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As I was standing in the staging area outside of the SNHU Arena, I recalled another ceremony exactly 2 years prior to the graduation ceremony I was about to participate in: I received my Endowments at the Seattle Temple on May 13, 2014.
The trials put in my place before I could get to that point or this, where possibly more than another could bare, but God knows my strengths and He added to them with an abundant amount of support. In a blog piece on MaggieSlighte.com today I expounded on the trials that lead to my graduation ceremony, but I also want to reflect on the Covenants that are more sacred to me than any Temporal Bachelor’s degree. Those Covenants I made exactly two years to the day before my Graduation ceremony.
From the moment I saw a Temple for the first time, I felt God within it. I felt a reverence for the building that I could feel in Idaho Falls in 2011. Knowing those who were not members (I didn’t know about the Recommend process at the time) could not enter, I was content to photograph it and say a brief prayer thanking God for the privilege of accidentally coming across the site and feeling His presence there.
On my present journey across the United States, whenever I felt doubts or fears or just needed to thank Him for His graciousness and guidance, I have been privileged to take in a session at a local temple.
In Snowflake, Arizona, a dear friend suggested I take in a session the day before my divorce hearing. It was just the thing I needed. I calmed and remembered the promises I made to my Heavenly Father about my own behavior. I asked His forgiveness for my
behavior that had been unseemly towards my soon-to-be ex-husband and the woman who seduced him in her dining room while I watched the previous spring. I was brokenhearted, but I felt the Comforter surround me as I begged for Heavenly Father’s forgiveness in the Celestial Room. The next day I was able to maintain my composure during a divorce hearing that favored my adulterous husband, leaving me without even belongings that I brought into the marriage.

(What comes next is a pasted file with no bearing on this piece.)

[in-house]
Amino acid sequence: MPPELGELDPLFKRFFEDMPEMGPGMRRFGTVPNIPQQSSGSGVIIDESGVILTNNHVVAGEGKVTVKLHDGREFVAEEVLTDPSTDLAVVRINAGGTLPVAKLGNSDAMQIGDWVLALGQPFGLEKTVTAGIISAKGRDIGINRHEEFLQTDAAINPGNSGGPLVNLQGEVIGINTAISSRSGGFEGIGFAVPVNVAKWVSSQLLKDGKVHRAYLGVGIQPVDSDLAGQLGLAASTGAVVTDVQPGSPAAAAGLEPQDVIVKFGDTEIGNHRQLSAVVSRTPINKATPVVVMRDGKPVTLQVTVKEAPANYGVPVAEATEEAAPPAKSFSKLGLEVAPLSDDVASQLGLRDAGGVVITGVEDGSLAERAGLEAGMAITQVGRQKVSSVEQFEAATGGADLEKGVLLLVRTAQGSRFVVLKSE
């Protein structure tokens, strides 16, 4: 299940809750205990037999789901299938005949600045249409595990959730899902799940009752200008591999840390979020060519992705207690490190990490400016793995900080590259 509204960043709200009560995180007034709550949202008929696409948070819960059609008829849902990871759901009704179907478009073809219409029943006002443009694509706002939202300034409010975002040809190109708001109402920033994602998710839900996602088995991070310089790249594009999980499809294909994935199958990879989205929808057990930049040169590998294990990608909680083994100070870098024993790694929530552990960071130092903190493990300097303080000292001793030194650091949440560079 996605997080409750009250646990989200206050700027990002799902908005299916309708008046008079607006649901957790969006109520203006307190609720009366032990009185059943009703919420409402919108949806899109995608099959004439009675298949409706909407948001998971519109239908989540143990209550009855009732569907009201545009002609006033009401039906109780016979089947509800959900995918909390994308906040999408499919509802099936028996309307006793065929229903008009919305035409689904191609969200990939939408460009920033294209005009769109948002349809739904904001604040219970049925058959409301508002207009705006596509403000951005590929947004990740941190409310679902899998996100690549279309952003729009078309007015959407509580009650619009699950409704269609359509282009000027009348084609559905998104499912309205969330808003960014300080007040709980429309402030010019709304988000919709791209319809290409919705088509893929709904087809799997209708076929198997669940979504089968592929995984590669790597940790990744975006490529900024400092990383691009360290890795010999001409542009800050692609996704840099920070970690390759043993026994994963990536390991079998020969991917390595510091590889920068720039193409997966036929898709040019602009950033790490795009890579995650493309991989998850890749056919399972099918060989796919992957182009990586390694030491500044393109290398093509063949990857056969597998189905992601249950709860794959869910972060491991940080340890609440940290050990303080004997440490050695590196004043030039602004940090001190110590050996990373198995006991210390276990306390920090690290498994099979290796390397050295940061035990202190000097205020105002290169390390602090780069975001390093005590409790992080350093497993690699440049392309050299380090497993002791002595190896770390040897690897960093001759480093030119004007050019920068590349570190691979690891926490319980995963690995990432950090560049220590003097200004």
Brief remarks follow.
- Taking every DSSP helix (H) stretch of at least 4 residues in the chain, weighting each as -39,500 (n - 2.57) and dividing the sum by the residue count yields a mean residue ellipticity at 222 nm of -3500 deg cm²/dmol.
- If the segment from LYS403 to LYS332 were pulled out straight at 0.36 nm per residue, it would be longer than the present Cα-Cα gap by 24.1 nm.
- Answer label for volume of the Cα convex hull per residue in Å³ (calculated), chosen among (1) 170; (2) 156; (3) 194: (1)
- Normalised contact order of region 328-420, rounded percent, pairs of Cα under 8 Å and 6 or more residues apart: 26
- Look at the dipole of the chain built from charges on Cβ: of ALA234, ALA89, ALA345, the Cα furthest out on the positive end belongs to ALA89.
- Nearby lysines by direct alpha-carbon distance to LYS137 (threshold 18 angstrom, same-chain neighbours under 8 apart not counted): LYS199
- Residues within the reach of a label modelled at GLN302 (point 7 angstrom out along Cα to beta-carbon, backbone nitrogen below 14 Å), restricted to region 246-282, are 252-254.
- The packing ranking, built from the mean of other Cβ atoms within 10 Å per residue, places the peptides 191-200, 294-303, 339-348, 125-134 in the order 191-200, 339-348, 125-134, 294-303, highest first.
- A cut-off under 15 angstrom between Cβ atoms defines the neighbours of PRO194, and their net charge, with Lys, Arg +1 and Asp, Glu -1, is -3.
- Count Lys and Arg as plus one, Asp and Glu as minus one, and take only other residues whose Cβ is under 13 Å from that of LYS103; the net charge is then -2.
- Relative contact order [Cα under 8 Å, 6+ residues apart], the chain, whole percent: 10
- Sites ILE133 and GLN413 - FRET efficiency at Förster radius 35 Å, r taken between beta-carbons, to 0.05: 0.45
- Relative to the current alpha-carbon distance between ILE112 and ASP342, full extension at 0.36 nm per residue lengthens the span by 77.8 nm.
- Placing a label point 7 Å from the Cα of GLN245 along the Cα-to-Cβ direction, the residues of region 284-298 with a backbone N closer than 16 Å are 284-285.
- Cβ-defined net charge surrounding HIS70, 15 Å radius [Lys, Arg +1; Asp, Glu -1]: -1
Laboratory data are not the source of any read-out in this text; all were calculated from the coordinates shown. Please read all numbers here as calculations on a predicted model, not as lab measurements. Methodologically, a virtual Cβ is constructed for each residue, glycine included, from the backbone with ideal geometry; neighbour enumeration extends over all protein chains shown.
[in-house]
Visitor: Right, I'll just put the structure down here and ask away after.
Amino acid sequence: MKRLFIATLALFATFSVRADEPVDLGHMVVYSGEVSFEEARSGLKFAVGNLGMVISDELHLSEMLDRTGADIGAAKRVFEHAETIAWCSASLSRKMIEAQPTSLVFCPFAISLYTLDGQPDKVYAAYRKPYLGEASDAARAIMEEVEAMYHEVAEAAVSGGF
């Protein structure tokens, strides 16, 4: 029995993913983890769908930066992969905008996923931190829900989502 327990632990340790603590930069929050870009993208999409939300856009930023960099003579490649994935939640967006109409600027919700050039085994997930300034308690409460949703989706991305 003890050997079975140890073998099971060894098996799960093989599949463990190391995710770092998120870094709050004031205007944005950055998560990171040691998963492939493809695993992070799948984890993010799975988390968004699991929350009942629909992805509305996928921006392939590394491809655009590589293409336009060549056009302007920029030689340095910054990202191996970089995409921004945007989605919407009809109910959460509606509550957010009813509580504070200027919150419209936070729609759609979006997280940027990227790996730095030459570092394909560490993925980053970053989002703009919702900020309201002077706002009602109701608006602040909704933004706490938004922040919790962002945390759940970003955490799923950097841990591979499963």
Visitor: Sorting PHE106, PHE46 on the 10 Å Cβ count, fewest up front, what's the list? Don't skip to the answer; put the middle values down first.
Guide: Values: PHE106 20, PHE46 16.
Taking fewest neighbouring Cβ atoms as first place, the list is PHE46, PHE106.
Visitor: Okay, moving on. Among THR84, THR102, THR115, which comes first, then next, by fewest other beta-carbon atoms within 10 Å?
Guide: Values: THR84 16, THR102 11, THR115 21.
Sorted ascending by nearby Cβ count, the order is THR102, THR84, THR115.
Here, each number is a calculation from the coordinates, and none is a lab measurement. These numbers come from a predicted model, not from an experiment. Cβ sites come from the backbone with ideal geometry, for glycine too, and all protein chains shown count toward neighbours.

I received guidance from the Holy Ghost to quickly get out of the small town where the hearing was held, and proceeded quickly to Texas. The Houston Temple was beautiful, and I took the opportunity to take in an early morning session prior to leaving Texas to head to Florida for a job I wasn’t quite certain about. Again, the Comforter was near and calmed my fears while I performed the ordinance work for my ancestor.
In Florida, near Ft. Lauderdale on the way back from The Keys, I was forced to seek medical attention at The Cleveland Clinic when a fierce asthma attack took my breath away. They hospitalized me for 36 hours for a “rule-out myocardial infarction” (heart attack). When I was given a clean bill of health (besides the asthma) the next thing I did was to visit the Ft. Lauderdale Temple that was located right around the corner from the hospital. I thanked my Heavenly Father for the Grace and comfort I felt during and after the stressful experience at the hospital. Then my friend Jacob and I were given the opportunity to meet and help out a few patrons with photos after my session.
I felt impressed to travel inland in South Carolina in search of information about my ancestors born in that area. I was rewarded with a visit at the Columbia, South Carolina Temple on the occasion of the anniversary of my own Baptism. There I was given the opportunity to attend a session as well as revisiting the Font for some of my ancestors.
I was impressed in Columbia to continue my journey into North Carolina in search of my mother’s family. I was richly rewarded in Rowan County with the original marriage bond from my 4th great-grandparents on microfiche. The most startling part of that was the fact that Solomon Richardson, my 4th great-grandfather, signed with an ‘x” indicating that he was, in fact, illiterate. I had always assumed that all of my family was literate, having come from very intelligent people. This discovery leant even more meaning to my graduation from Southern New Hampshire University on THIS May 13th.